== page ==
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Juggan Kazim: A charmed life

Updated November 02, 2014

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Photography: Tariq Mehmood / WhiteStar
Photography: Tariq Mehmood / WhiteStar

From Mehrbano to Juggan

“When I was little I was a complete tomboy. I wasn’t very much of a ‘Mehrbano’. Mehrbano is a real princess kind of a name.

Jugnu Mohsin (editor of The Friday Times and wife of Najam Sethi) is a mutual friend of my mother and Aunt Nasim Zehra. When I was born Nasim khala said I look like a choti jugnu (small firefly) and they started calling me Jugnu. But by the time I was four or five, that name became unbearable for me as it was too feminine.

“I was convinced that I was a boy and something has gone wrong with me which my parents didn’t understand. I would wear a cap, sleeveless top, knickers and try to prove to the world that I am Juggun instead of Jugnu.

“The name Juggun had a Bollywood touch to it. Jagdeesh was a popular name at that time in Bollywood so to add masculinity to my personality I came to be known as Juggun. Baad main kia pata tha kay halak main atak jana hay naam.”


With her large doe eyes and innocent smile, she’s not only drop dead gorgeous but is a woman of many talents — she’s models, acts, hosts and writes a column. Juggan Kazim talks about her life and career in her characteristic self-deprecating manner and with a wit that is hard to match


‘I was convinced I was Amitabh Bachchan.’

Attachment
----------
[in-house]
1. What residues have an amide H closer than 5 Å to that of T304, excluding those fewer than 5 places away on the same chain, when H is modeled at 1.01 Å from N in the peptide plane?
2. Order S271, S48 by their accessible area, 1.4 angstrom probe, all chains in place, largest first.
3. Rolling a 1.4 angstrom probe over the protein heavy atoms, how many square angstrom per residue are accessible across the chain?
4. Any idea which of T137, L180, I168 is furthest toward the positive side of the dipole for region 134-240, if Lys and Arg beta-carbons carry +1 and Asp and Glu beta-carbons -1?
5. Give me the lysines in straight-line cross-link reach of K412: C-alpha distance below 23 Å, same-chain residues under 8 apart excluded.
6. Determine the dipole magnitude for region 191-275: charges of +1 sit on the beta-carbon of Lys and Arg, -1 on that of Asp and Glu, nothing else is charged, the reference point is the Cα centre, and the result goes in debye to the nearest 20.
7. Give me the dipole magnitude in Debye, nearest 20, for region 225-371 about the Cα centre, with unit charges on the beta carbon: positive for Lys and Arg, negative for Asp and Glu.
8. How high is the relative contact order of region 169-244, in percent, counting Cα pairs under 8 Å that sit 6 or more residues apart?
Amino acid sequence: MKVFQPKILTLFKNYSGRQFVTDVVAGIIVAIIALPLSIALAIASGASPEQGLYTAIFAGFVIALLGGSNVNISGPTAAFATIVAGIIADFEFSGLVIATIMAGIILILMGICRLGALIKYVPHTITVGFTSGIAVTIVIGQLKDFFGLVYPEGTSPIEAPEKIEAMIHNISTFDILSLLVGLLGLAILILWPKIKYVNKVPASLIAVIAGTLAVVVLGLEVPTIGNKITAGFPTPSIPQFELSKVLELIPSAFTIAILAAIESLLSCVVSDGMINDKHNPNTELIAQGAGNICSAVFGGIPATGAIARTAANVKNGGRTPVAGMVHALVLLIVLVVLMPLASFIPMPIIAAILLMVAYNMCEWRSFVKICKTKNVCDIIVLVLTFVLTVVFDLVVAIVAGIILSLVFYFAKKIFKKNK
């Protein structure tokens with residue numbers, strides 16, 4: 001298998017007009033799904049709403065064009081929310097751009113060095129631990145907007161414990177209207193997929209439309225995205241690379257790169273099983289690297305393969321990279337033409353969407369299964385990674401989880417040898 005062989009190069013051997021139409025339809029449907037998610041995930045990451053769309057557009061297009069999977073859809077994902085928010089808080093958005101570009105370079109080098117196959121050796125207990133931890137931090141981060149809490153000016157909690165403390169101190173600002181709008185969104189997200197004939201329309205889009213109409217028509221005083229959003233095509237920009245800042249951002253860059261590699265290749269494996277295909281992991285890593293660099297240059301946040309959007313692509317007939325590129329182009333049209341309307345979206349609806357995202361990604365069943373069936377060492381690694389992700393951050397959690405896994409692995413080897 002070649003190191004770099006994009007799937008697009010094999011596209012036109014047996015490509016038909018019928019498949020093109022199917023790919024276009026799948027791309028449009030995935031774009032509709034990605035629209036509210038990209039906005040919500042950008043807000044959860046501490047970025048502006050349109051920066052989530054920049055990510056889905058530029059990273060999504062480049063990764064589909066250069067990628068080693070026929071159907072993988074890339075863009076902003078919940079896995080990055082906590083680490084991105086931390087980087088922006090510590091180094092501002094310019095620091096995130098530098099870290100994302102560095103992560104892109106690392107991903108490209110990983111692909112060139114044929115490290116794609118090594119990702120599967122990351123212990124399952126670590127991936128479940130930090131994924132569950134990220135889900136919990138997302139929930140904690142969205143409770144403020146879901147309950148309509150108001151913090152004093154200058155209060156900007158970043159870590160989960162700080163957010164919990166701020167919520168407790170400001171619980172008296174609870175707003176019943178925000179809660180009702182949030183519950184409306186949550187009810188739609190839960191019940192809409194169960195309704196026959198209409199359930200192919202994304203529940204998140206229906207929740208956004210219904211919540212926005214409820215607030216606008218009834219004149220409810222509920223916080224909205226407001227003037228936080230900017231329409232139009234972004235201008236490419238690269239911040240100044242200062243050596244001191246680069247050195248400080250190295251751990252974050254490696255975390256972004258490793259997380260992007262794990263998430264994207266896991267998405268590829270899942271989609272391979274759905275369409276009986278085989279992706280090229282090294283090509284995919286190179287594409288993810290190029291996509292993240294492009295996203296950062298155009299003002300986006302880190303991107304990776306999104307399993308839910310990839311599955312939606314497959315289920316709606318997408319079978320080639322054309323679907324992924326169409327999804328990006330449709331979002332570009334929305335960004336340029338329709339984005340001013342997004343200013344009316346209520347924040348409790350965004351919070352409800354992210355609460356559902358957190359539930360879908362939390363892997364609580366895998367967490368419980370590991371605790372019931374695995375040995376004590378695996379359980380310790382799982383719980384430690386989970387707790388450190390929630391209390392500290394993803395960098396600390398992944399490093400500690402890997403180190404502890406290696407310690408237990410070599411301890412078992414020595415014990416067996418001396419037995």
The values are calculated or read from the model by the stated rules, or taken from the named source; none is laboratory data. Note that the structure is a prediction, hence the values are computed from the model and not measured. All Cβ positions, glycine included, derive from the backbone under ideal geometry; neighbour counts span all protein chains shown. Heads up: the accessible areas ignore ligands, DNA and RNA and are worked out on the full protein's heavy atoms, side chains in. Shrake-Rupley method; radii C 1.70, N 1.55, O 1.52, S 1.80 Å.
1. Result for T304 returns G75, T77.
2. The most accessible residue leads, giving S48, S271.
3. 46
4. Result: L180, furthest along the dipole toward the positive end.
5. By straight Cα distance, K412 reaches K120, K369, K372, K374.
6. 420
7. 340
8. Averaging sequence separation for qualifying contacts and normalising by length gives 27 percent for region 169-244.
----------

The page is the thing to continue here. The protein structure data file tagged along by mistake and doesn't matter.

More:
Photography: Tariq Mehmood / WhiteStar
Photography: Tariq Mehmood / WhiteStar

“Modeling is the only really glamorous part of showbiz, but ultimately you are just a clothes hanger. But the low self-esteem that comes about because of being a hanger is compensated through hosting a morning show.

“By being a part of the morning show circuit I have actually managed to change the perception of people about morning shows. You can have normal conversations that appeal to people without resorting to a shaadi, saas bahu and ‘fight’ week.

“I write for the Tribune and Hilal magazine as well, so for lack of a better term, wahan par thori intellectual tharak poori ho jati ha."

“As far as acting is concerned, I was four when someone asked me what I would like to be after I grow up. I turned and said, ‘Mein barra ho kar actor banu ga’. I was convinced that I was Amitabh Bachchan. How was I to know that a horrible thing like the female body would happen to me? If I have to choose, I’d say I am an actor basically.

Rebellion

Photography: Tariq Mehmood / WhiteStar
Photography: Tariq Mehmood / WhiteStar

“My mother didn’t spare any effort to stop me from entering the industry. I was 13 or 14 when Samina Peerzada called my mother Ghazala Sehgal, and said, “Gajoo, I am making a movie and I want Juggun to play a part in that”.

My mother got furious at the thought of a Sehgal getting into films. At that same time there were several rishta offers pouring in and I made it my mission to repel them — I’d spill tea and do weird things to have them run away. My poor mother didn’t know what to do; for her it was a fate worse than death to come into this industry.